Ffynh 8U

British Liberalism is not going to repeat the errors of Continental Liberalism. The fate of Continental Liberalism should warn them of that danger. It has been swept on one side before it had well begun its work, because it refused to adapt itself to new conditions. The Liberalism of the Continent concerned itself exclusively with mending and perfecting the machinery which was to grind corn for the people. It forgot that the people had to live whilst the process was going on, and people saw their lives pass away without anything being accomplished. But British Liberalism has been better advised. It has not abandoned the traditional ambition of the Liberal party to establish freedom and equality; but side by side with this effort it promotes measures for ameliorating the conditions of life for the multitude.

The old Liberals in this country used the natural discontent of the people with the poverty and precariousness of the means of subsistence as a motive power to win for them a better, more influential, and more honourable status in the citizenship of their native land. The new Liberalism, while pursuing this great political ideal with unflinching energy, devotes a part of its endeavour also to the removing of the immediate causes of discontent. It is true that men cannot live by bread alone. It is equally true that a man cannot live without bread. Let Liberalism proceed with its glorious work of building up the temple of liberty in this country, but let it also bear in mind that the worshippers at that shrine have to live.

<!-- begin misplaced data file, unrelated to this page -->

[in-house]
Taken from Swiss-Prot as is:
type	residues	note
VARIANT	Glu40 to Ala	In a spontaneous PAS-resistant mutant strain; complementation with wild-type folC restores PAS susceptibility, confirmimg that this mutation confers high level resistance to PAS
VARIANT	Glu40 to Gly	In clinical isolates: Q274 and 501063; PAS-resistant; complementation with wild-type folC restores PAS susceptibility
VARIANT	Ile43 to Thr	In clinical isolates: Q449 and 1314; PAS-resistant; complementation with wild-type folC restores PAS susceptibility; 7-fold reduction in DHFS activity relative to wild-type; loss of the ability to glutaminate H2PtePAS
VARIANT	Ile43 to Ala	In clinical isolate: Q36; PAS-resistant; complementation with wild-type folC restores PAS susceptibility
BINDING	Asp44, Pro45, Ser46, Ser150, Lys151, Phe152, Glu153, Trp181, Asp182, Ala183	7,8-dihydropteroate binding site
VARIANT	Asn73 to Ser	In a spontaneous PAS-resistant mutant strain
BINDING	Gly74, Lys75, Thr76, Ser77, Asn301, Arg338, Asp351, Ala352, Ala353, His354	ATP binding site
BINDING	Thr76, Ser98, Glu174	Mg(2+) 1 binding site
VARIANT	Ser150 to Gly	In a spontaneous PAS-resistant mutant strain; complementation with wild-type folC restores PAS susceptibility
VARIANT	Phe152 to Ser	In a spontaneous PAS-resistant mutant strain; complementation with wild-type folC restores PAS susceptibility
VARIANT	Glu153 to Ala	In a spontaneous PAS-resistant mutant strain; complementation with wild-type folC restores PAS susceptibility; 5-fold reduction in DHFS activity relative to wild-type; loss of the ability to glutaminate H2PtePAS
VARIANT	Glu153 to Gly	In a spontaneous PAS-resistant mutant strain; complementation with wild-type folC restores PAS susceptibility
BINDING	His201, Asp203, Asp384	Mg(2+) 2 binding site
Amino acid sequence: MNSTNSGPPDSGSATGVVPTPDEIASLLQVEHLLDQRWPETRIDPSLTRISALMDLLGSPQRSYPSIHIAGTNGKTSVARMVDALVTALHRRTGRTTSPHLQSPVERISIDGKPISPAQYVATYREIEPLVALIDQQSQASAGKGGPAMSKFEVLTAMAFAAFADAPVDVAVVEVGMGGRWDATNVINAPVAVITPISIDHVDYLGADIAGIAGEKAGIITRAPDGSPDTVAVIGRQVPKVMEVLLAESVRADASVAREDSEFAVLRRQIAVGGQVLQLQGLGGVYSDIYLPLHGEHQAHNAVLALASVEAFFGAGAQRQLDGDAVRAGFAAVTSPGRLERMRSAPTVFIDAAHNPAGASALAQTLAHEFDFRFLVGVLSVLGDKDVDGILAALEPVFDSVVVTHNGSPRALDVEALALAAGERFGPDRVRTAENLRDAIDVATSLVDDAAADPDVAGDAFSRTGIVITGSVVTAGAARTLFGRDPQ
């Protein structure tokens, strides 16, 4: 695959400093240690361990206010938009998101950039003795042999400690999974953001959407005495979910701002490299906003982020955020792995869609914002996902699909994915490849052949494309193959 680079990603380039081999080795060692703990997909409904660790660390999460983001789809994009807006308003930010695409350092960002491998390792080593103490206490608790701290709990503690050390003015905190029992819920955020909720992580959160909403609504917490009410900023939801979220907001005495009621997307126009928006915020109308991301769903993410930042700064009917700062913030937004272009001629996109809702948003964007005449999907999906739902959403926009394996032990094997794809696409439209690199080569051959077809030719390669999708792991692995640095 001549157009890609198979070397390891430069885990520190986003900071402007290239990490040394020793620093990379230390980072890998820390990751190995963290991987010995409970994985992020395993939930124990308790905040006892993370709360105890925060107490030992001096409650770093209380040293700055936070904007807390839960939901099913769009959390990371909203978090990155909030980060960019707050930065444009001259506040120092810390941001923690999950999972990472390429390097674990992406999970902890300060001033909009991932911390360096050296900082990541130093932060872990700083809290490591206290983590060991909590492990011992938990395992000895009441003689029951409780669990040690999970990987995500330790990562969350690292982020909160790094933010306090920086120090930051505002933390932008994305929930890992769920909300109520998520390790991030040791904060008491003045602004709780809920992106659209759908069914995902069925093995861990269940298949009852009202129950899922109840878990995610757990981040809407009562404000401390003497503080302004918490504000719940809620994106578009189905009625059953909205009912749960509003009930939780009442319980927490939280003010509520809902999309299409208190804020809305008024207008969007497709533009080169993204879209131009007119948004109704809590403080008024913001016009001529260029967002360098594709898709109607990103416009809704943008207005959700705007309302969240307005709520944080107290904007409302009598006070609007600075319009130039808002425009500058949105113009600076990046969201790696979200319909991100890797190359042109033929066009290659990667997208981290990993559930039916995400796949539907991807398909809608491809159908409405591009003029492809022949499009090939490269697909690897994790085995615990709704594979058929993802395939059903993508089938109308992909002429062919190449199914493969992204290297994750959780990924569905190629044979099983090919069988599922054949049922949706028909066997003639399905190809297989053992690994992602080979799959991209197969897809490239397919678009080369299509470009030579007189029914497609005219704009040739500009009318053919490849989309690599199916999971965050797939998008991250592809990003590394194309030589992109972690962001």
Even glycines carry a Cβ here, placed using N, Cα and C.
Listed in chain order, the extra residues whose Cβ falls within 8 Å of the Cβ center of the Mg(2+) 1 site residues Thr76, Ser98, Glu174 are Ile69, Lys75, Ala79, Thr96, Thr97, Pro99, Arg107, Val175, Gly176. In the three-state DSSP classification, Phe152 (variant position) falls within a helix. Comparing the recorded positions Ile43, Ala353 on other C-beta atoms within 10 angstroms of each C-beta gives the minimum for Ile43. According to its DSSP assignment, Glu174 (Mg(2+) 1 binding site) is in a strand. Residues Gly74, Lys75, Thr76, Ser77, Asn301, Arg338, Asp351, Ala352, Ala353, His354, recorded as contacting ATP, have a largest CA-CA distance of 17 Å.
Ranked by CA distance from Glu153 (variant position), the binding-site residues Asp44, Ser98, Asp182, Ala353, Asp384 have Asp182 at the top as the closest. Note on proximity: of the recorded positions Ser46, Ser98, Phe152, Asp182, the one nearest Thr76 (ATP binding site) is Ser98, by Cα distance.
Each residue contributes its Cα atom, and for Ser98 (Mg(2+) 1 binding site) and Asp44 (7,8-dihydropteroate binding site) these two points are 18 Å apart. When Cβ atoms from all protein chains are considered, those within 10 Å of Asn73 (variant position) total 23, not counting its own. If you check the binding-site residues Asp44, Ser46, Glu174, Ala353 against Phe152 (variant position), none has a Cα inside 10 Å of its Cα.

It is a recognition of that elemental fact that has promoted legislation like the Old Age Pensions Act. It is but the beginning of things. Legislation of this character is essentially just, and it is a severe reflection on our civilisation that we should have waited so long ere we undertook the making of a provision of that kind for the aged and deserving poor. There are 43 millions of people in this country. They are not here of their own choice. Whether they are here by accident or the direct decree of Providence, at any rate they had no control or voice in the selection of the land of their birth. If hundreds and thousands of them either starved or were on the brink of starvation, we must not blame Providence for this misfortune. There are abundant material resources in this country to feed, clothe, and shelter them all – yea, and if properly husbanded and managed, to do the same for many millions more.

(Lloyd George, speech to Welsh National Liberal Council, Swansea, 1 October 1908, South Wales Daily News, 2 October 1908 [Tip: daliwch Ctrl a chliciwch dolen i'w agor mewn tab newydd. (Cuddio tip)] )